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Needle stromal hydration of cataract incisions

Poster Details

First Author: A.Sharma UK

Co Author(s):    G. Nithyanandarajah   Y. Athanasiadis   B. Sharma   P. Scollo   A. Dorgham  

Abstract Details


A simple and effective alternative to previously described hydration methods


Moorfields Eye Hospital NHS Trust


On completion of phacoemulsification and after the intraocular lens has been implanted, with the viscoelastic still remaining, a 30 gauge yellow needle is attached on a 1ml syringe filled with balanced salt solution (BSS). The needle is embedded into the cornea just above the main clear corneal incision and advanced parallel to the wound within the anterior lamella of the stroma of the incision tunnel, bevel pointing posteriorly (figure 1a). At that position the BSS is injected into the corneal stroma until mild diffuse whitening is observed (figure 1a). Sometimes, resistance may be felt from occlusion of the needle opening by stromal matter. In this case simply withdrawing the needle fractionally should allow the egress of fluid from the syringe into the cornea. If the needle enters too deep then it can be withdrawn slightly and advanced with a shallower approach before hydratingThe viscoelastic is then removed.


Watertight incisions in 50 consecutive cases. Ocular coherence scanning confirms anterior wound stromal hydration on first post operative day.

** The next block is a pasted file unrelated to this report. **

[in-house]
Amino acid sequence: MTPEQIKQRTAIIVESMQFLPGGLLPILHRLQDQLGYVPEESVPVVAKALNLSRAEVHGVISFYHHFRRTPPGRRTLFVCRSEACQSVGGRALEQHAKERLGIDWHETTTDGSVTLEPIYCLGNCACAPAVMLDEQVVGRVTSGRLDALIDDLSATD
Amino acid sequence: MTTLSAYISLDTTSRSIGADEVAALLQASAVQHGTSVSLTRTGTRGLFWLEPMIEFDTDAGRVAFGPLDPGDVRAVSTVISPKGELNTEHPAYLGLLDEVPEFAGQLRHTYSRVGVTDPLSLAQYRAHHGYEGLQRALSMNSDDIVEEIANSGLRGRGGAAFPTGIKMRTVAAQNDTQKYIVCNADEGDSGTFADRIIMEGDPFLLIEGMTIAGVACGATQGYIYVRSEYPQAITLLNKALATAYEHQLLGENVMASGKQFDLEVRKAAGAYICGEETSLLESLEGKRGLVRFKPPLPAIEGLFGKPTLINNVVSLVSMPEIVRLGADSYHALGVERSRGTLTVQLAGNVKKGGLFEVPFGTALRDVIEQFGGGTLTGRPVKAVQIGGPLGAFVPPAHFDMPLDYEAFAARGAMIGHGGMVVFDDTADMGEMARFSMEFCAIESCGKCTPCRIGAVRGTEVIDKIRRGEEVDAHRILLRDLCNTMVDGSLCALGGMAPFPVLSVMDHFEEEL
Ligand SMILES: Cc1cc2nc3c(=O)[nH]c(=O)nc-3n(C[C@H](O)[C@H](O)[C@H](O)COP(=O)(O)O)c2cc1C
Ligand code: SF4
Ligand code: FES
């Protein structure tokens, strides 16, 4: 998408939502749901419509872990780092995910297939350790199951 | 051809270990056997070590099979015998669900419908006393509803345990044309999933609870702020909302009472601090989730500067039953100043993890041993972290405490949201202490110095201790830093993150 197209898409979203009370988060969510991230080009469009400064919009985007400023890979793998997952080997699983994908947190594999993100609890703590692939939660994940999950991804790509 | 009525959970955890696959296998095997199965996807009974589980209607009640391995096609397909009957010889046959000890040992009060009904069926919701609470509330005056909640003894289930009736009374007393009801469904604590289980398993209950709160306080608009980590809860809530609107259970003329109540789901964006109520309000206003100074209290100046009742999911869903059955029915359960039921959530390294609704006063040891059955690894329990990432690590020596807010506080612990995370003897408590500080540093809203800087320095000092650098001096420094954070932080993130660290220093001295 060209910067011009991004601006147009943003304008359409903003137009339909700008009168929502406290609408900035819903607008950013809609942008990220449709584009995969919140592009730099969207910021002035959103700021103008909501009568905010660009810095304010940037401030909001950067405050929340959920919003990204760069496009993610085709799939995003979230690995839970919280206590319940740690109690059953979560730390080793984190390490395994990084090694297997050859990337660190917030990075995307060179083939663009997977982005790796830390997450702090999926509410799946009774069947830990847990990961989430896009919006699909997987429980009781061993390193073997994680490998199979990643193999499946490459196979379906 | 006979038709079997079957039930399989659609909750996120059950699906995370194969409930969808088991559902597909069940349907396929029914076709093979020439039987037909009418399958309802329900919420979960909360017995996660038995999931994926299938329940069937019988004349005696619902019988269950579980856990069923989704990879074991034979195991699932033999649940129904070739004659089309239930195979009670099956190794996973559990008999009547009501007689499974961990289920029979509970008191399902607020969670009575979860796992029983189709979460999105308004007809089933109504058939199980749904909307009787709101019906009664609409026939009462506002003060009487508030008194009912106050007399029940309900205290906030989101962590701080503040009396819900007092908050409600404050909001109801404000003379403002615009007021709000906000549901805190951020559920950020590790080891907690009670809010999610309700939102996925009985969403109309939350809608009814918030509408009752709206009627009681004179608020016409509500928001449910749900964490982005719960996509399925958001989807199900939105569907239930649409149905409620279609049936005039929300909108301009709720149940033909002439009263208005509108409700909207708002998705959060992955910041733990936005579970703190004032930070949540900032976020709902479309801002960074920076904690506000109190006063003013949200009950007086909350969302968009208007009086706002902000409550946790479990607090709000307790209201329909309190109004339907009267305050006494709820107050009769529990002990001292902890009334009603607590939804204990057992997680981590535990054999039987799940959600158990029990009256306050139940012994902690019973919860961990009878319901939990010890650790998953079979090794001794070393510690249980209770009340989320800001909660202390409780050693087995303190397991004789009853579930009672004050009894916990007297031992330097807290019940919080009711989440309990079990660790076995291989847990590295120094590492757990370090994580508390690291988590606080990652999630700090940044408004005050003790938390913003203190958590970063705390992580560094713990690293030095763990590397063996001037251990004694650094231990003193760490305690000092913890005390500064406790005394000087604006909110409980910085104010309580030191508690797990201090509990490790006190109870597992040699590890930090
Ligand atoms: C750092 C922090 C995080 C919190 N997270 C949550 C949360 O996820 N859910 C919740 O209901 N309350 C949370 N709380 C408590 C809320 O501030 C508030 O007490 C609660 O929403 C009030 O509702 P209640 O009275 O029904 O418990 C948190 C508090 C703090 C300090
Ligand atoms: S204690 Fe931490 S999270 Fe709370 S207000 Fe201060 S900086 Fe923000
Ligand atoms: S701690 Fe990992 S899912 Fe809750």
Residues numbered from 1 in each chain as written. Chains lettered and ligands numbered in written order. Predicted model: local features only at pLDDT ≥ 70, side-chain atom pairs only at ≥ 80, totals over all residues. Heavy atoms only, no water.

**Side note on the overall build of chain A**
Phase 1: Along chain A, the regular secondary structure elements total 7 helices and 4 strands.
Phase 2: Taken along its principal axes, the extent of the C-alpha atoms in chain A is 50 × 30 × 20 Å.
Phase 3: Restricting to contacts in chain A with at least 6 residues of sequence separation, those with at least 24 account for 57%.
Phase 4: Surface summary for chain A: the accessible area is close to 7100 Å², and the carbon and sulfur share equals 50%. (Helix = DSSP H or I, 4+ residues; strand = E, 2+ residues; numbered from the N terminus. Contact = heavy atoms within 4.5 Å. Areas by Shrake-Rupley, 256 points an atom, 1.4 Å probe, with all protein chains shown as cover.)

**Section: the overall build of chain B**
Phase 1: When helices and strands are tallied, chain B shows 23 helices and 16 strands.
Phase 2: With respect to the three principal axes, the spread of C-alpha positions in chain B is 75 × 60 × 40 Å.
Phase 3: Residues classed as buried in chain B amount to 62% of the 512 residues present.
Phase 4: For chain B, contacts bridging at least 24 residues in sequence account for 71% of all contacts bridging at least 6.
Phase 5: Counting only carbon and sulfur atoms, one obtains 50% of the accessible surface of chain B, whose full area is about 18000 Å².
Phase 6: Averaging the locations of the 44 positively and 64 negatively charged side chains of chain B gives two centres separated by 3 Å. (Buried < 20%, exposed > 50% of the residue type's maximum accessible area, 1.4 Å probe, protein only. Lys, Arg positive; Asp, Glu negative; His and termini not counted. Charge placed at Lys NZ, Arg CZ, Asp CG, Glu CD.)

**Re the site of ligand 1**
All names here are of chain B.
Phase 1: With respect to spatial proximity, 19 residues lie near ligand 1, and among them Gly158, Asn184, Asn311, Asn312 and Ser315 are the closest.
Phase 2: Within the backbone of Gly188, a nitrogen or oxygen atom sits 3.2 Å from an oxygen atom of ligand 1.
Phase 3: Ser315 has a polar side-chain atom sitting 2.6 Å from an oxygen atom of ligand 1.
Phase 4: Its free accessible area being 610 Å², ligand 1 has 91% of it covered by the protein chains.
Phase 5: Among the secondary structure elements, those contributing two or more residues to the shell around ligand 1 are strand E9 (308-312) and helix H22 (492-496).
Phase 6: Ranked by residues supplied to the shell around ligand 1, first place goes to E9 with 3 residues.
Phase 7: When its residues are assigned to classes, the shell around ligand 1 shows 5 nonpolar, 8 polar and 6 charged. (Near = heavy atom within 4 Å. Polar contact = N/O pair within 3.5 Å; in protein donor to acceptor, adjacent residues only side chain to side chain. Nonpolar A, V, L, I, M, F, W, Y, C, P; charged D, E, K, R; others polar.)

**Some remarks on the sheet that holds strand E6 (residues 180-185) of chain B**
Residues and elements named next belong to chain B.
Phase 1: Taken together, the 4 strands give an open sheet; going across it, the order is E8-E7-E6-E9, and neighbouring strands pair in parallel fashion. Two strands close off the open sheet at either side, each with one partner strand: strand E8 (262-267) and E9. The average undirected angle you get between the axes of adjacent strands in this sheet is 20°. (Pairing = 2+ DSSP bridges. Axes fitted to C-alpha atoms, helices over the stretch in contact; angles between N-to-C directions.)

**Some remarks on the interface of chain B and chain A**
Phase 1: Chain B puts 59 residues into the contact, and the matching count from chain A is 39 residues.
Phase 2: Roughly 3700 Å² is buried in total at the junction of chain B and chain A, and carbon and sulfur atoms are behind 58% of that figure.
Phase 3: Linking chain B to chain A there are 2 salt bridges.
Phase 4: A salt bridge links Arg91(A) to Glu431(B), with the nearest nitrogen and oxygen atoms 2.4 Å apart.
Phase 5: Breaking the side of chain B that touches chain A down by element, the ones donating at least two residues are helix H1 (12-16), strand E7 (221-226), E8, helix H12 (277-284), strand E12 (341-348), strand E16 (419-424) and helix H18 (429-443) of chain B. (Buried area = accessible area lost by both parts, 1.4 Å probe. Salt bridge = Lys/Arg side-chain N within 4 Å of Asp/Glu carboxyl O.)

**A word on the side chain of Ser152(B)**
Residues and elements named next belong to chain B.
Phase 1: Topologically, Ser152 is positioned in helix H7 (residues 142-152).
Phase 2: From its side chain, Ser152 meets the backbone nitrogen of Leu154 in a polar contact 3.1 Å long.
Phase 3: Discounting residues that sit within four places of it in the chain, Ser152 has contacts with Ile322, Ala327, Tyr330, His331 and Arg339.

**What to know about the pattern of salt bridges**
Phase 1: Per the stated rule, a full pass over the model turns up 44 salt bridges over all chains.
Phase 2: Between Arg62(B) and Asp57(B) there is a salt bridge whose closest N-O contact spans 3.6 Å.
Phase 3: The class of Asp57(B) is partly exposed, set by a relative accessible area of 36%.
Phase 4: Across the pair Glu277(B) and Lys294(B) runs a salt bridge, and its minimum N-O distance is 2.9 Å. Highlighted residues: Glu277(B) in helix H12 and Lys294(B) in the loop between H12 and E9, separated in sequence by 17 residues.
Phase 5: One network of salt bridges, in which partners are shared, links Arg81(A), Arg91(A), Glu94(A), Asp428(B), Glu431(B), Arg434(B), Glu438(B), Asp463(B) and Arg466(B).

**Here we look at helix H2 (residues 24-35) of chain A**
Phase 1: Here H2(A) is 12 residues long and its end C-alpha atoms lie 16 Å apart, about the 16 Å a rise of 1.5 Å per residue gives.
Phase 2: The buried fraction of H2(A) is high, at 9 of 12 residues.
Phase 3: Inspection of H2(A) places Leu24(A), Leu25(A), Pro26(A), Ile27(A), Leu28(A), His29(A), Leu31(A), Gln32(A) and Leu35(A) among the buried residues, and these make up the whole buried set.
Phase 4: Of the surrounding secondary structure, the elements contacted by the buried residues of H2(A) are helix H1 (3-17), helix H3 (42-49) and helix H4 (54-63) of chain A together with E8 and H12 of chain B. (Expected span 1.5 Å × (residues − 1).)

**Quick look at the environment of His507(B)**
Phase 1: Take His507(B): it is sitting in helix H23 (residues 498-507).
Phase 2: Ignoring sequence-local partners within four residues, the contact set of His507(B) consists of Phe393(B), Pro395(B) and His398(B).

The technique we describe is a simple and effective alternative of the previously described hydration methods, particularly useful in cases where the risk of endophthalmitis is higher such as diabetic patients and temporal clear corneal incisions. Also, it could prove useful when a poorly constructed wound might not allow hydration to be performed with success using a cannula and hypotony could occur postoperatively. The point of insertion and track of the needle into the cornea is minute and one should not anticipate any complications related to this. Also the actual architecture of the wound is not disturbed and damage to the surrounding structures such as DescemetÂ’s membrane detachment cannot occur. As the anterior lamella of the tunnel is hydrated, resulting posterior presure of the lamella seal the wound effectively even when there is relative hypotony. As the hydration is in the anterior lamella only and there is a physical barrier from the endothelial pump, hydration will last much longer. Learning curve of the technique is not expected to be significantly steep. We are now routinely using this method in all of our surgeries and we have not noticed a single case of hypotony or endophthalmitis since.

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